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Avoiding and Resolving Problems

Avoiding problems

While the law is there to help and to protect when problems arise, it is better to anticipate a problem and take steps to avoid it. For example, for most people, buying a home or a car is a large commitment. The cost of having the home or car inspected by a building engineer or a mechanic is a small and worthwhile cost compared with the cost of repairing defects not discovered until after the contract is signed or the money is paid.

Most protection given by statute does not apply to private sales. Where the common law applies it warns buyers to 'beware' before signing or parting with money.

It is also important not to sign documents before having them checked and explained by a competent person. Once a document is signed, it is presumed that it is legally binding.

Resolving problems

Consumer problems that do arise are usually best resolved by direct negotiation with the other party. If this fails, Consumer and Business Services or the Australian Competition and Consumer Commission can sometimes help. If this also fails, a claim in the minor civil division of the Magistrates Court may provide a remedy (see 'COURT - SUING AND BEING SUED'). Procedures and forms are simplified to allow people to make claims without needing a lawyer. In some cases it might be necessary to have a lawyer take the matter to court, but for many consumer problems the cost and risk of doing this can far outweigh the possible benefits.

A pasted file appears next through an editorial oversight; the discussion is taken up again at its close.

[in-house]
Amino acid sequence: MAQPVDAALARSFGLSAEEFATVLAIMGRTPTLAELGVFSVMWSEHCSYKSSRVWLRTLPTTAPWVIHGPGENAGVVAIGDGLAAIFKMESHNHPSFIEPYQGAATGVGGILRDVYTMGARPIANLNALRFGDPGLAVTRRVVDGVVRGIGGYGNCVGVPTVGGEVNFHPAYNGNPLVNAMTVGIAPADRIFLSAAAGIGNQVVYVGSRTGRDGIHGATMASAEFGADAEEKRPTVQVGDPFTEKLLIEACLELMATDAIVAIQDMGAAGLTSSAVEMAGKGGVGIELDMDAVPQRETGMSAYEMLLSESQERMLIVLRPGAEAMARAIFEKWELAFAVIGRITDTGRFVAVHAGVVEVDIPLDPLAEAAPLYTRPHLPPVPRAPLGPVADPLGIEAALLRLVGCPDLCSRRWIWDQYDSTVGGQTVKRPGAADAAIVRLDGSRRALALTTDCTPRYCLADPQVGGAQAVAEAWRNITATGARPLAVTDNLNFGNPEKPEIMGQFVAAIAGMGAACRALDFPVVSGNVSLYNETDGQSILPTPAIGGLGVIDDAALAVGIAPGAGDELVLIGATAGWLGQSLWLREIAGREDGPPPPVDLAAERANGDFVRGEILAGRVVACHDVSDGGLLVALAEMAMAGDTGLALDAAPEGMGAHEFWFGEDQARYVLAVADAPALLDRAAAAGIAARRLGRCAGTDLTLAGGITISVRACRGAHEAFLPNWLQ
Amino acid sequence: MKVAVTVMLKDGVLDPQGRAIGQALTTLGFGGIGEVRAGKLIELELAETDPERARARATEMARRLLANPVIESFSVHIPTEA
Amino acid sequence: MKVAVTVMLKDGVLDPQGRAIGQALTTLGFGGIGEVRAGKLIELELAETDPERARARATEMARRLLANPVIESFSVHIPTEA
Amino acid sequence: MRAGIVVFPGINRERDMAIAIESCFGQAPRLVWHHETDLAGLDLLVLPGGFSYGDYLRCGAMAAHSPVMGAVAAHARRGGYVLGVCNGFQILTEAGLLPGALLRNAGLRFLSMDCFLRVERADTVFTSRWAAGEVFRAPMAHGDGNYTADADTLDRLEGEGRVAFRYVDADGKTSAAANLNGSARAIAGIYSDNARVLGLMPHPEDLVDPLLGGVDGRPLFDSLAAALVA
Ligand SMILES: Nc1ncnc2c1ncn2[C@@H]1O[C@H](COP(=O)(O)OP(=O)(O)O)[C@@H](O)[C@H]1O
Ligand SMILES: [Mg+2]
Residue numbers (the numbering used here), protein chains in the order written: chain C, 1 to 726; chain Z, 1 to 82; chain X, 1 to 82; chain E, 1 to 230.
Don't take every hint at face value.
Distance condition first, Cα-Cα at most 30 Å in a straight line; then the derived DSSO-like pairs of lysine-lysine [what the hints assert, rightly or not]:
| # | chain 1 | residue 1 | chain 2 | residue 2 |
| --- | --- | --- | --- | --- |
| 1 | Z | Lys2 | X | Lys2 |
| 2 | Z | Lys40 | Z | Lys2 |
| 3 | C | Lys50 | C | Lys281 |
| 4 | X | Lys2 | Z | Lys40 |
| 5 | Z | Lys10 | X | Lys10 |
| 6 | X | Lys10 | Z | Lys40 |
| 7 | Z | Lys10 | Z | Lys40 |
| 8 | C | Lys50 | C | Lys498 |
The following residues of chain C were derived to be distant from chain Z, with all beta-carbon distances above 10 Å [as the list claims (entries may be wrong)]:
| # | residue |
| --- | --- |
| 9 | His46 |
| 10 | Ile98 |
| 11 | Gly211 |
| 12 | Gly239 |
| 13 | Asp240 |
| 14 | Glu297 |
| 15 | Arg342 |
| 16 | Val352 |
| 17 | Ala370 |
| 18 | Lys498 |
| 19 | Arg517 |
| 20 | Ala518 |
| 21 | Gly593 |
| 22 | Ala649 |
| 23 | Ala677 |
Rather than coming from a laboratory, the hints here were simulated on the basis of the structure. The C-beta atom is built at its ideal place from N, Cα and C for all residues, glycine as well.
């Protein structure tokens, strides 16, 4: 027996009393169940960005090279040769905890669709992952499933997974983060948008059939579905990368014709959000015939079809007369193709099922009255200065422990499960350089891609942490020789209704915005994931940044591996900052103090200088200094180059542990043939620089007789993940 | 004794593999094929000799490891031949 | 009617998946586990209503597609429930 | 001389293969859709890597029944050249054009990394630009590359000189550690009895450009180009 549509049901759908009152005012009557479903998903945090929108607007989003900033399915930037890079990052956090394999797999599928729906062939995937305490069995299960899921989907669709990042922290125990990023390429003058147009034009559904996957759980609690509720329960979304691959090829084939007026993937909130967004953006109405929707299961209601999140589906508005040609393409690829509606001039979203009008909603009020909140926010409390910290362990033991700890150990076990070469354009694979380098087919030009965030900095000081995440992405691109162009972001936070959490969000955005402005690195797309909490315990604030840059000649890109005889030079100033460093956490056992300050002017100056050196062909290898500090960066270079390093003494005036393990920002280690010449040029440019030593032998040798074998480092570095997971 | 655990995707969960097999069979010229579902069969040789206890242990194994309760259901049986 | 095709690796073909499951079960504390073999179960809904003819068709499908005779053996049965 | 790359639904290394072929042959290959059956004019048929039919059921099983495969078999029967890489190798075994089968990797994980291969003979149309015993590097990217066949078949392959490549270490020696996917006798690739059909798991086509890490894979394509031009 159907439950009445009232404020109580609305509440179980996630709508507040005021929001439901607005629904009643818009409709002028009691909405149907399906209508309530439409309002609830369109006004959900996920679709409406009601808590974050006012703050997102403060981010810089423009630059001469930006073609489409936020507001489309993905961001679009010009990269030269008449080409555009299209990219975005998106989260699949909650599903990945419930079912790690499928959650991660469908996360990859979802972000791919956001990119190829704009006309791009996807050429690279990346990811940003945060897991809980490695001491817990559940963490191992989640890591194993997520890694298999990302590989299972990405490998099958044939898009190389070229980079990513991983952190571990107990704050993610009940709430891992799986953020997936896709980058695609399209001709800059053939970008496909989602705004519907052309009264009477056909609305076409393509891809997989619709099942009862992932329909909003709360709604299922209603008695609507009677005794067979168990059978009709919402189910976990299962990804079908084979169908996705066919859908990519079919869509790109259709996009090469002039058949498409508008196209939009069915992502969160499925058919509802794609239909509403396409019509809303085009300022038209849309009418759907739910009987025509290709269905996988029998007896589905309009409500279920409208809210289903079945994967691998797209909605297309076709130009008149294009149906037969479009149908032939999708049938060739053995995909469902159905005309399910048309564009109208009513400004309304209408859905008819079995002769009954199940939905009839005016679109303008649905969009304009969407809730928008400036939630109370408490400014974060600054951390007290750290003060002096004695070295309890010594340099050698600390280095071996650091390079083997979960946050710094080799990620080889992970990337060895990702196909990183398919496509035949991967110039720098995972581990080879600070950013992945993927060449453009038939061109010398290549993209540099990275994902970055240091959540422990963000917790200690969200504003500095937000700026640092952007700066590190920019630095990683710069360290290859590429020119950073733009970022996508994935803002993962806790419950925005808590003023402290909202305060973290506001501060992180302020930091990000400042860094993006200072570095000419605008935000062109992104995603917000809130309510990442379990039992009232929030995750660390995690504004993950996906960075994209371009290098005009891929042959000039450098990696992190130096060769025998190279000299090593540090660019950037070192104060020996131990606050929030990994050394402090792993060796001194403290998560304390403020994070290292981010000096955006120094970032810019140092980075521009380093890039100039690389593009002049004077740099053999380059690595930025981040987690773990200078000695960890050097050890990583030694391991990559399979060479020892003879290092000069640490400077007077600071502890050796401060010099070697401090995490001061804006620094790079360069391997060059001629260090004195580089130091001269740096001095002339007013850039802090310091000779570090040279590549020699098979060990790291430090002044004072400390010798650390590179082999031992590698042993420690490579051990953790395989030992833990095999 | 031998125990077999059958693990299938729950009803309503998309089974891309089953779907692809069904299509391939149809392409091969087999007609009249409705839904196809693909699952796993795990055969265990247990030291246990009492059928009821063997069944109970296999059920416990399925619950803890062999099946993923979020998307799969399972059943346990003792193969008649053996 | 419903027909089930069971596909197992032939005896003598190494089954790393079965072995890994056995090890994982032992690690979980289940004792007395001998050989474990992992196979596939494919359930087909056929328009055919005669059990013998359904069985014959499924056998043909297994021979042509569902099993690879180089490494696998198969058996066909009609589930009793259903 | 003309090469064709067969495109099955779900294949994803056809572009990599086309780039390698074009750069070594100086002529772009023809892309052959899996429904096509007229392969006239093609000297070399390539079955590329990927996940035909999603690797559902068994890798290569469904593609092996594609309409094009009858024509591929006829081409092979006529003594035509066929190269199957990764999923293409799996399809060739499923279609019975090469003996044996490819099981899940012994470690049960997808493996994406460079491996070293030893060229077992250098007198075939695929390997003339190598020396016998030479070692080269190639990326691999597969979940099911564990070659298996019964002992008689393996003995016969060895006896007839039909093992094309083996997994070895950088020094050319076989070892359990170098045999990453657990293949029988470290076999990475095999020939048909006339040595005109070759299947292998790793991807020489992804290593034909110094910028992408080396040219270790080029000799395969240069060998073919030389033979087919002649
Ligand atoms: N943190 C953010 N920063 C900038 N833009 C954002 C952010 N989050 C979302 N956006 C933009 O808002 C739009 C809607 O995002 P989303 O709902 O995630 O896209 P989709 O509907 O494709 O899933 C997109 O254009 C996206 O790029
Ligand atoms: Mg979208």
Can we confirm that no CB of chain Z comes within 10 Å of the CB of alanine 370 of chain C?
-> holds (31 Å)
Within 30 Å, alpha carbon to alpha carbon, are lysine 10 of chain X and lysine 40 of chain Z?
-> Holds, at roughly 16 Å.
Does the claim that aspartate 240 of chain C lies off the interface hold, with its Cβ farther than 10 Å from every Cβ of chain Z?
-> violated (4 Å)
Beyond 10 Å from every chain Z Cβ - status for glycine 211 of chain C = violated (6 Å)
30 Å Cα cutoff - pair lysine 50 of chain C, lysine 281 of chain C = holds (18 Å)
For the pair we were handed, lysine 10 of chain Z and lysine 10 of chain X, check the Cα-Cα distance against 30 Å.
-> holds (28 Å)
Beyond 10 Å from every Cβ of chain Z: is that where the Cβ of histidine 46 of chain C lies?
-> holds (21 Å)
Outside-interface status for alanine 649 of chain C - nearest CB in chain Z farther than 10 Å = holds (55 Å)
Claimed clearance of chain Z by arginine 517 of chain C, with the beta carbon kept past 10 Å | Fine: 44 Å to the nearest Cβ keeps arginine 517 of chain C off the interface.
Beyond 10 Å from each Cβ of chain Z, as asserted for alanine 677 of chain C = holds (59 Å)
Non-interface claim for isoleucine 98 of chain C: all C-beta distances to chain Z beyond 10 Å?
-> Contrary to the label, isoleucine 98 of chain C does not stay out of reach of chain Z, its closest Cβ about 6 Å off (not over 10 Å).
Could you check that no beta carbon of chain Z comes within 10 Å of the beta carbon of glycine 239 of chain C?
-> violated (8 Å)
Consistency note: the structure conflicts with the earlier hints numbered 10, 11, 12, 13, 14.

Avoiding and Resolving Problems  :  Last Revised: Tue Dec 20th 2016
The content of the Law Handbook is made available as a public service for information purposes only and should not be relied upon as a substitute for legal advice. See Disclaimer for details. For free and confidential legal advice in South Australia call 1300 366 424.